In the short term (1 to 3 years), the subdivision should first target executives, professionals, and technicians. They have the money and the motivation to support expensive early experiments. This phase will not generate much capital since the experiments and the learning process will be expensive.
During this first phase publishers should start trying to put their authors under long-term contract, just as Hollywood studios kept their actors in the thirties to fifties. Failing that, publishers must attract and maintain a stable source of new product--which means more emphasis on new product acquisition. Only with constant title turnover will they keep their readership.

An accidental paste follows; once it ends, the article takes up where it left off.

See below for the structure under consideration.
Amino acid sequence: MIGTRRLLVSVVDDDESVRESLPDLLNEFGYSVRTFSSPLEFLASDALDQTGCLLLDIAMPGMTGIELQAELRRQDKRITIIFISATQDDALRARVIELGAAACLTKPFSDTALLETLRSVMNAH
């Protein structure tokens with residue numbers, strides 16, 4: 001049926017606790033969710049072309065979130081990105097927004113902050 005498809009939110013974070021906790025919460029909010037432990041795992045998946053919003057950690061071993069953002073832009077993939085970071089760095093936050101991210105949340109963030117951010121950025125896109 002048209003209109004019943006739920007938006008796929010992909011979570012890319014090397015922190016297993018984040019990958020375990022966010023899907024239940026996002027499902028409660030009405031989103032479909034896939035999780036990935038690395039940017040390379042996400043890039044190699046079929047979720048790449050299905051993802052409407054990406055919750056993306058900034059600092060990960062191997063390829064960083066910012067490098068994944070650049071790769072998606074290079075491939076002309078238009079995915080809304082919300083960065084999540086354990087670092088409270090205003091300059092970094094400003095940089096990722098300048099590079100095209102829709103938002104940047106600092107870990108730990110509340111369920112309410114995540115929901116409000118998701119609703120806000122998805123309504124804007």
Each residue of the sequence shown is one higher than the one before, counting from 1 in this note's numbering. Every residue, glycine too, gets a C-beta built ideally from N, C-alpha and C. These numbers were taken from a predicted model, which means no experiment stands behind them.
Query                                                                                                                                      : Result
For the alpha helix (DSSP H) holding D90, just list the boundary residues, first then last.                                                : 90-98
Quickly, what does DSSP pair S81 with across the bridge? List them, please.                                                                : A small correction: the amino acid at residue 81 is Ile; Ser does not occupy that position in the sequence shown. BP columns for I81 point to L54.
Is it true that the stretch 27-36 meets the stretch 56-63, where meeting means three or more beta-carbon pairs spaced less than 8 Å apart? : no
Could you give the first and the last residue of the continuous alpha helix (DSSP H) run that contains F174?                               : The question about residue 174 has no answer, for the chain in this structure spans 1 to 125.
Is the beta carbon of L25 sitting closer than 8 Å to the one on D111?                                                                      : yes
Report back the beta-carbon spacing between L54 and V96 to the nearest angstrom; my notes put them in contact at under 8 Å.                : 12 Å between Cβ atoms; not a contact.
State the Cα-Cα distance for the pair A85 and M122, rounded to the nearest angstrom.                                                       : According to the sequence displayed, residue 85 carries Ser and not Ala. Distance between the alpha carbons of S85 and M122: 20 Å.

Publishers should also renegotiate their author contracts to allow for electronic distribution. Putnam and Berkley have already adapted their contracts to keep electronic display rights . Through ignorance of the market and the technology Random House sold the electronic display rights for its dictionary and other references for a mere $10,000 plus 10 percent of the royalties . Random House expected to make $40,000 (this was the lower cap in the contract). They made over a million dollars.